The club’s slogan is “World travel: the passport to peace through understanding,” and its mission falls in line with this ethos. Travelers’ Century Club board member Gloria McCoy tells Lonely Planet their members “seek to truly experience and appreciate the people and cultures around the world.”

By holding regular social events, inviting guest speakers, and offering presentations about different destinations, the club gives members the chance to learn about other parts of the world they might not have considered visiting. Members also have access to files containing “exclusive info” about far-flung and hard-to-visit destinations, all of which were written by club members who have personally been there and done that. Lastly, the club is a way for members to connect with like-minded people and perhaps even find new travel buddies.

The club’s official list of countries and territories visited totals 327. This is partly because it includes territories that aren’t always considered countries by the international community, such as Tibet, Taiwan, and Palestine. To join, members must fill out an application form and select the countries they’ve been to—even if they were just short trips or layovers. There's a $100 initiation fee, plus yearly dues.

If you aren't quite there yet, travelers who have been to 50 countries and territories can qualify as provisional members. This gives them access to meetings and some of the “bragging rights” that Travelers’ Century Club members get to enjoy.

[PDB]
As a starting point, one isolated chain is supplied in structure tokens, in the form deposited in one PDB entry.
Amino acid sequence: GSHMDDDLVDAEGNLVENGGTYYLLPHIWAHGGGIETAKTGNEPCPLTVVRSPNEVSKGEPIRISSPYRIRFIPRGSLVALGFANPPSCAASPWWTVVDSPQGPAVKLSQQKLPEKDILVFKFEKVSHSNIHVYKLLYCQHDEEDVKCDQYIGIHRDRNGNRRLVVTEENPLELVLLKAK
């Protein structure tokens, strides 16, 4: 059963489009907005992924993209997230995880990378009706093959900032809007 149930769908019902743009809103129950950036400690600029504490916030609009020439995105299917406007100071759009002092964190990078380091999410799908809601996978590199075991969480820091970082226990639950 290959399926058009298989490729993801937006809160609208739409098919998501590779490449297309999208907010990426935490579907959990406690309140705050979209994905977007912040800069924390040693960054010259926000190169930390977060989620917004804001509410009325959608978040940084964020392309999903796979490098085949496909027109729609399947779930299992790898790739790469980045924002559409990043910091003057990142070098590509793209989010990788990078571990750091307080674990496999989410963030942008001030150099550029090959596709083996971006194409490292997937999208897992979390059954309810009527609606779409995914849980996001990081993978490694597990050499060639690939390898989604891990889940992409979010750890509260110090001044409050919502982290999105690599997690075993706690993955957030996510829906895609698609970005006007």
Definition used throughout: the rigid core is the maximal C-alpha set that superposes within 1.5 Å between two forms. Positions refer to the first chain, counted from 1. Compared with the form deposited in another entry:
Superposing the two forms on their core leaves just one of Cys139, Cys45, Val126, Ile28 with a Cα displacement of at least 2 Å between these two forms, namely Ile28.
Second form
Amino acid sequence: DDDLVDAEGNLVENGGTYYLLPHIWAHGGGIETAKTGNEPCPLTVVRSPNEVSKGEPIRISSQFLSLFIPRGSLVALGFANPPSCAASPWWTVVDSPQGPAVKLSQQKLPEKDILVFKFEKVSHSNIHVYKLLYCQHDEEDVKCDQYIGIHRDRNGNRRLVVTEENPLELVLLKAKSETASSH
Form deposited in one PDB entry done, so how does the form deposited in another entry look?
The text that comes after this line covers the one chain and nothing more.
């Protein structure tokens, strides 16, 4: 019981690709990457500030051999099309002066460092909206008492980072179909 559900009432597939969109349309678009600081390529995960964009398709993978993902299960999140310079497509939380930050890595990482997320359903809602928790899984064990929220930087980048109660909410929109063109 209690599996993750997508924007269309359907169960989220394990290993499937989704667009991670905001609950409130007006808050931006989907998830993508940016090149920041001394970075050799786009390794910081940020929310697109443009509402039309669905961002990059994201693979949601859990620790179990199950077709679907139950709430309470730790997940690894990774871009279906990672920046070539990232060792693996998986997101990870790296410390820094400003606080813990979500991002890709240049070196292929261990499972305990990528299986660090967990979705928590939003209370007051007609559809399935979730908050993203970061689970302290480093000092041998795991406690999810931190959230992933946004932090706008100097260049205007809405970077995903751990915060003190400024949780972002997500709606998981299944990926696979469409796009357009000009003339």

[h/t Lonely Planet]

Inside the Coldest City in the World, Where It Snows 270 Days a Year

iStock.com/Alexander Mozgovets
iStock.com/Alexander Mozgovets

In much of the Northern Hemisphere right now, it’s getting colder and darker and the winter blues are setting in. But few places get it quite as bad as Norilsk, Russia, where residents won’t see a sunrise until mid-January. Worse yet, it's arguably the coldest city in the world.

One of two Siberian cities built in the continuous permafrost zone, during the winter, the city of more than 175,000 people can see cold snaps as brutally low as -78°F. Overall, Norilsk boasts a yearlong average temperature of just 14°F. (Some will argue that the Siberian city of Yakutsk is colder, but that depends on how you want to slice it: Yakutsk is indisputably chillier in the winter—an average temperature of -42°F in January!—but it has much hotter summers and so, when measured by its yearly average, is warmer overall.)

Then there's the snow. Norilsk “is covered with snow for about 270 days a year,” Vincze Miklós writes for io9, “and the inhabitants must deal with snowstorms one day out of every three.”